Walt Disney World Restaurant Reviews
BY MIKE WARING – DECEMBER 2008
On our latest trip, in late October, we hit one restaurant (Brown Derby) that we have previously visited, but not for some time. The other restaurants were either new to me or new to both of us. Our new favorite? The Wave at Disney’s Contemporary Resort.
- Brown Derby, Disney’s Hollywood Studios
- The Wave, Contemporary Resort
- Tutto Italia, Epcot
- Sunshine Seasons, The Land, Epcot
- ABC Commissary, Disney’s Hollywood Studios
- T-Rex, Downtown Disney (a non-review)
It has been quite a while since we visited the Brown Derby. This is one of Mary’s favorites since she loves the old Hollywood nostalgia trip and all. I like it because I can get a cocktail, in a theme park, at lunch time – how cool is that?
Brown Derby is a recreation of a famous watering hole and restaurant popular with the stars, the wanna-be stars, and the hangers-on in Hollywood during the Thirties through the Fifties (though the actual Hollywood Brown Derby actually lasted into the Eighties, albeit sadly diminished in later years). From the photos of the old place that hang on the walls in the restaurant, it’s a pretty accurate rendition. The restaurant is very nice in an early twentieth century California way. Exposed wood beams, whitewashed stucco walls, wrought iron grillwork. It’s all very pleasant and light and cool, and an excellent place to enjoy a leisurely lunch on a hot and steamy Orlando day.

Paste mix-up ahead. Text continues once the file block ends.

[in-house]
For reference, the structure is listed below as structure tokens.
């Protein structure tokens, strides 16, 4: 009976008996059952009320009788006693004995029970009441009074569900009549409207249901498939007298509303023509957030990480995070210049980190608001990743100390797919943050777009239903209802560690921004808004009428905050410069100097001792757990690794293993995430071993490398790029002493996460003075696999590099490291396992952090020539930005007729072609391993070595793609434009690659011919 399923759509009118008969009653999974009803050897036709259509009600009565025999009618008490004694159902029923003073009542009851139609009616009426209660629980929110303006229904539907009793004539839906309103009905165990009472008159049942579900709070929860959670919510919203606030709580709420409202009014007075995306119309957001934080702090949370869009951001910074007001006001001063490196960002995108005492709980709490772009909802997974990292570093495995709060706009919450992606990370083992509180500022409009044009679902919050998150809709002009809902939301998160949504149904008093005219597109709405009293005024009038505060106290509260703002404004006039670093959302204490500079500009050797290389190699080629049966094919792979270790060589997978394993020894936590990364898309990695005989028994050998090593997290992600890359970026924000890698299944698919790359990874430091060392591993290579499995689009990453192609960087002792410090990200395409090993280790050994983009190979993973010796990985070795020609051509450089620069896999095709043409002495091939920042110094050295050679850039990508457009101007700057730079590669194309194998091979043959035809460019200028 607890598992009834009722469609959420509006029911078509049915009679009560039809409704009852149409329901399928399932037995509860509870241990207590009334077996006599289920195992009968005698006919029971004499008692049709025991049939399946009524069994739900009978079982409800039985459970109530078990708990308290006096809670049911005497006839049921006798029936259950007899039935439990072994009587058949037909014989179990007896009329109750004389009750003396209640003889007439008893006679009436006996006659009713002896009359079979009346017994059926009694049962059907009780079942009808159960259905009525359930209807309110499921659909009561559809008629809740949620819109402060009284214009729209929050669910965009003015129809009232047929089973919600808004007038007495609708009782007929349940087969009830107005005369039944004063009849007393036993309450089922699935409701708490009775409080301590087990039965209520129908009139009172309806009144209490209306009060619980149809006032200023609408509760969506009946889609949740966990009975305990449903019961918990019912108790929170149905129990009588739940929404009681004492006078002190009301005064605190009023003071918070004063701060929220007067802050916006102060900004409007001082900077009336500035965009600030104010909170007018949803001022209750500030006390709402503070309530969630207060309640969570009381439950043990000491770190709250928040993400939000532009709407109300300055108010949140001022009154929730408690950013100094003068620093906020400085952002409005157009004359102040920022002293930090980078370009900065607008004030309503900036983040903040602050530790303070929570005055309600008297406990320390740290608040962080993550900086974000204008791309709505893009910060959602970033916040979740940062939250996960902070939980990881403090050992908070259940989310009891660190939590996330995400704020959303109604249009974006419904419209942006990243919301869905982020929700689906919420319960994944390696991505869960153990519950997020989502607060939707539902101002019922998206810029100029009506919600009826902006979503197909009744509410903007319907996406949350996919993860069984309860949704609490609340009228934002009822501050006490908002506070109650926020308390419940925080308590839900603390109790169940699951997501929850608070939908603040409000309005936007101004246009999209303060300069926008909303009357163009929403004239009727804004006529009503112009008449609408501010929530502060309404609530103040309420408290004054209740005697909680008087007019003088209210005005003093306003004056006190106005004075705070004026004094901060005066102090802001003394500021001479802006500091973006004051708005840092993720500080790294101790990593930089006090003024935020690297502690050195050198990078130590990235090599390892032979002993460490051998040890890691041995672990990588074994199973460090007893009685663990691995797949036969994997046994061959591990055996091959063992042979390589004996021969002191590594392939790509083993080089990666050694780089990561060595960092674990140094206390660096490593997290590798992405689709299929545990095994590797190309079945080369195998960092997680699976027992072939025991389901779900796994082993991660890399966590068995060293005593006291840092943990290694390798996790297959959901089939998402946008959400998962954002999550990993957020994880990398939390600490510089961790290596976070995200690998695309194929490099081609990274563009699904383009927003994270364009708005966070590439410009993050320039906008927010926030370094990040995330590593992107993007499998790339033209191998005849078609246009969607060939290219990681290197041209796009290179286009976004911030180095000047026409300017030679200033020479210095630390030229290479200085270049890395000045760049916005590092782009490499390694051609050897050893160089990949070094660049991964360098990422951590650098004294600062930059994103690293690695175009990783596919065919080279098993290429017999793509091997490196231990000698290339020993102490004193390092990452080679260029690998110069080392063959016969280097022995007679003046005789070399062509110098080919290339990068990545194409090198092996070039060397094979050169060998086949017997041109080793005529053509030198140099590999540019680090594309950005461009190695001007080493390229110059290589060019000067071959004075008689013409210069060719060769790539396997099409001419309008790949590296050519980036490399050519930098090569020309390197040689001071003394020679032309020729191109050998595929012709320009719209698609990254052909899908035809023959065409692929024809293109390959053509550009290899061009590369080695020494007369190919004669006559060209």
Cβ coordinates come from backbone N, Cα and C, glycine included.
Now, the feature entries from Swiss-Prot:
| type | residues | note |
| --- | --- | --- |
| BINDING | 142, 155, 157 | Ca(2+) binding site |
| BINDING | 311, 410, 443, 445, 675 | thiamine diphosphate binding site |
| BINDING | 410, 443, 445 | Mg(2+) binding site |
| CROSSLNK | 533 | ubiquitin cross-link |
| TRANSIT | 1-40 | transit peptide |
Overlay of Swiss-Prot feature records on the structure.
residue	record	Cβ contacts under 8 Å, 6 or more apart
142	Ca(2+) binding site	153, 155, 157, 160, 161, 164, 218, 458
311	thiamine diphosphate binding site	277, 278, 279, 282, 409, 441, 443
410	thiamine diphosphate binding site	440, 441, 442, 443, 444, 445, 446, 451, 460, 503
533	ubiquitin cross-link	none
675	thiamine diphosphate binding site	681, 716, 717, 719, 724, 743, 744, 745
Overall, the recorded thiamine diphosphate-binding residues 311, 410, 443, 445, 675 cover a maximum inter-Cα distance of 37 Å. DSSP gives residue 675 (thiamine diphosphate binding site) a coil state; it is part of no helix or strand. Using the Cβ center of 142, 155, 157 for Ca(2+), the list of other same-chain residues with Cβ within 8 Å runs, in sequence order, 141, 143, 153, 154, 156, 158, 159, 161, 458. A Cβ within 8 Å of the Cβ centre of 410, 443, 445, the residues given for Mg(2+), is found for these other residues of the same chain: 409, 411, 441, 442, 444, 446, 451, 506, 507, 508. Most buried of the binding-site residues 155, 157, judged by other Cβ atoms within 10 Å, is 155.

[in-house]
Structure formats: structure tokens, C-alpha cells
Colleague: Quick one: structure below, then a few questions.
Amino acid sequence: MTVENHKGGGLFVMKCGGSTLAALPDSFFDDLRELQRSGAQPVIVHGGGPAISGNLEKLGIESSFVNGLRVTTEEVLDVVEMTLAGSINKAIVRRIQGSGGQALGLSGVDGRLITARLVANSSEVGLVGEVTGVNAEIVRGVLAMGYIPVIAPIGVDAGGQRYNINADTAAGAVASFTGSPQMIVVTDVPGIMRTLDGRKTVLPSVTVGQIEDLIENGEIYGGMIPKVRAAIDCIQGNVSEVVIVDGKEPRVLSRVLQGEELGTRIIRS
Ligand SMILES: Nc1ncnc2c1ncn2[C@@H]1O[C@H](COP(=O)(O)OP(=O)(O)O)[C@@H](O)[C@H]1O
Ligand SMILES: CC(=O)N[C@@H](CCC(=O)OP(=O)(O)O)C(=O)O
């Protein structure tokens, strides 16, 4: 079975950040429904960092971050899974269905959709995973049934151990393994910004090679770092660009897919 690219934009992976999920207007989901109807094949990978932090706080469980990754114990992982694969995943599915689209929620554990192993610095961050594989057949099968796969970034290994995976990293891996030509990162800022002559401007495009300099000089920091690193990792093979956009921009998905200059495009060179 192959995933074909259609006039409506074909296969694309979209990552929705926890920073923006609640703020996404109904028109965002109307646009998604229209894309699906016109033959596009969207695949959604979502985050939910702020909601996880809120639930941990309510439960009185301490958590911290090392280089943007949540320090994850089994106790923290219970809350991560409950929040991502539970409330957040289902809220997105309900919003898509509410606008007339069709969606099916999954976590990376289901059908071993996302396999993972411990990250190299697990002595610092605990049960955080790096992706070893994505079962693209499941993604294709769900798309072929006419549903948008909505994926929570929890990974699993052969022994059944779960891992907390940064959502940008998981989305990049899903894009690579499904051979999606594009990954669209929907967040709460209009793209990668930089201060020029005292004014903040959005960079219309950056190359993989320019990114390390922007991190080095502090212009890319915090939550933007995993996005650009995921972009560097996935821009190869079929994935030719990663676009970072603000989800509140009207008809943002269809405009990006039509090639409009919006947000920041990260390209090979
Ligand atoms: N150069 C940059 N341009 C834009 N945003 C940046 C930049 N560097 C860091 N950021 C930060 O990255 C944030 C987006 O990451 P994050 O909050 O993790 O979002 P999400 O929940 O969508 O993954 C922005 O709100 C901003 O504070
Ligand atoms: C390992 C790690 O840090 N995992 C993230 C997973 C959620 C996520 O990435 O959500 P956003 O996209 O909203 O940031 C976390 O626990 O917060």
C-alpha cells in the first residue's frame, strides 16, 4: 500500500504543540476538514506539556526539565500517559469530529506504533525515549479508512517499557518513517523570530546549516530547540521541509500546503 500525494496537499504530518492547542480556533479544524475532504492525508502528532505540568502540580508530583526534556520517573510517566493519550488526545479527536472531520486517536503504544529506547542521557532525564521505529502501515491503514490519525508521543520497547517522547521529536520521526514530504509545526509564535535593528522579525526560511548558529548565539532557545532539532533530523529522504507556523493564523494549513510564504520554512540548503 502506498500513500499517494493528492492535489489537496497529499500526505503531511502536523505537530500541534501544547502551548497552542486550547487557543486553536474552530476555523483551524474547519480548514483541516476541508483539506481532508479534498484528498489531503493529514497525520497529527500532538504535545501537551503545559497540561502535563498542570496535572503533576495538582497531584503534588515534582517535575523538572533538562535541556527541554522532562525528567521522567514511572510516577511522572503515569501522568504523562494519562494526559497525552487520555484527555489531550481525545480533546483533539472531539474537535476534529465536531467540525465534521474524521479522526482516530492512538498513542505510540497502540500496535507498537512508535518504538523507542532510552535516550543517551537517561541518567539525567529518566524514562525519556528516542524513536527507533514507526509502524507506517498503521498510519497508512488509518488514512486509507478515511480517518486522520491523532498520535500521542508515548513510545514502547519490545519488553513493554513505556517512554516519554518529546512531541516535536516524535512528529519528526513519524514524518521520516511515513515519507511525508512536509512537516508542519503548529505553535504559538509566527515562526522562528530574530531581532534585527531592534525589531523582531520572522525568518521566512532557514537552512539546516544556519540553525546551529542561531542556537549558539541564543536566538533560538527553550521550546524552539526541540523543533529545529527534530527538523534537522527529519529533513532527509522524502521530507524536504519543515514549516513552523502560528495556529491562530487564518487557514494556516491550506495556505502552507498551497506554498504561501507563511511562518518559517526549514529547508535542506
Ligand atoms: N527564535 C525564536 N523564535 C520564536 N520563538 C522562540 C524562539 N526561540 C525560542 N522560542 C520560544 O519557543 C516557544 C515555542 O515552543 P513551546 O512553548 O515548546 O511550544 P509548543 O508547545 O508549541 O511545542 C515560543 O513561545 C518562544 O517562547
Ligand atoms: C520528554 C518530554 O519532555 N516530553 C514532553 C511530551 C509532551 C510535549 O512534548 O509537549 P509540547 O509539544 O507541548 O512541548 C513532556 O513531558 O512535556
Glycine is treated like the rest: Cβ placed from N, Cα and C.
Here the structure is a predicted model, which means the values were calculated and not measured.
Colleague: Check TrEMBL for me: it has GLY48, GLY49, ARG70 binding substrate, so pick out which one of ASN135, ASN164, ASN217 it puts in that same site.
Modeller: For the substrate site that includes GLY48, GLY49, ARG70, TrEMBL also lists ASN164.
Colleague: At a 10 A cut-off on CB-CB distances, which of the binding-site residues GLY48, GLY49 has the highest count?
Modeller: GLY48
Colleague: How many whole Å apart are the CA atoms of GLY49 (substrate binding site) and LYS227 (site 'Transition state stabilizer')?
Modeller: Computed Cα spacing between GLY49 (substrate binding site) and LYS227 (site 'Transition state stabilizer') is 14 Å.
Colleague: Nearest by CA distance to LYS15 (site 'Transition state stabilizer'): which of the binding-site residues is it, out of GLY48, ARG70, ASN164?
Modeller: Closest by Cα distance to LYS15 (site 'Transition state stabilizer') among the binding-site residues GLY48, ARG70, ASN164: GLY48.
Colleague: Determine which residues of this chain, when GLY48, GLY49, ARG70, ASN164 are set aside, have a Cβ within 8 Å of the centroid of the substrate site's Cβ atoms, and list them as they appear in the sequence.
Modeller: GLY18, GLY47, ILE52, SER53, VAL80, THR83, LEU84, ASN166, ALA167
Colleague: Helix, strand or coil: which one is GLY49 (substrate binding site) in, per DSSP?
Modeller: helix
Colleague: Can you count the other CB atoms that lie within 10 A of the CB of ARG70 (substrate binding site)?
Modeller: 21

I started with a cocktail, because that’s what one does in Hollywood at lunch, or so I understand from watching old movies. For lunch I had a 16 ounce porterhouse steak, bloody rare, and a baked potato with sour cream and butter and extra bacon bits while I exchanged bon mots with Hedy Lamarr. Unfortunately my efforts to attain the perfect Hollywood period feeling were ruined when the staff threatened to throw me out if I continued smoking unfiltered cigarettes. After snapping back into present day reality, I realized that I had instead enjoyed a starter of the lobster bisque, which was quite good, and finished up with Cobb Salad.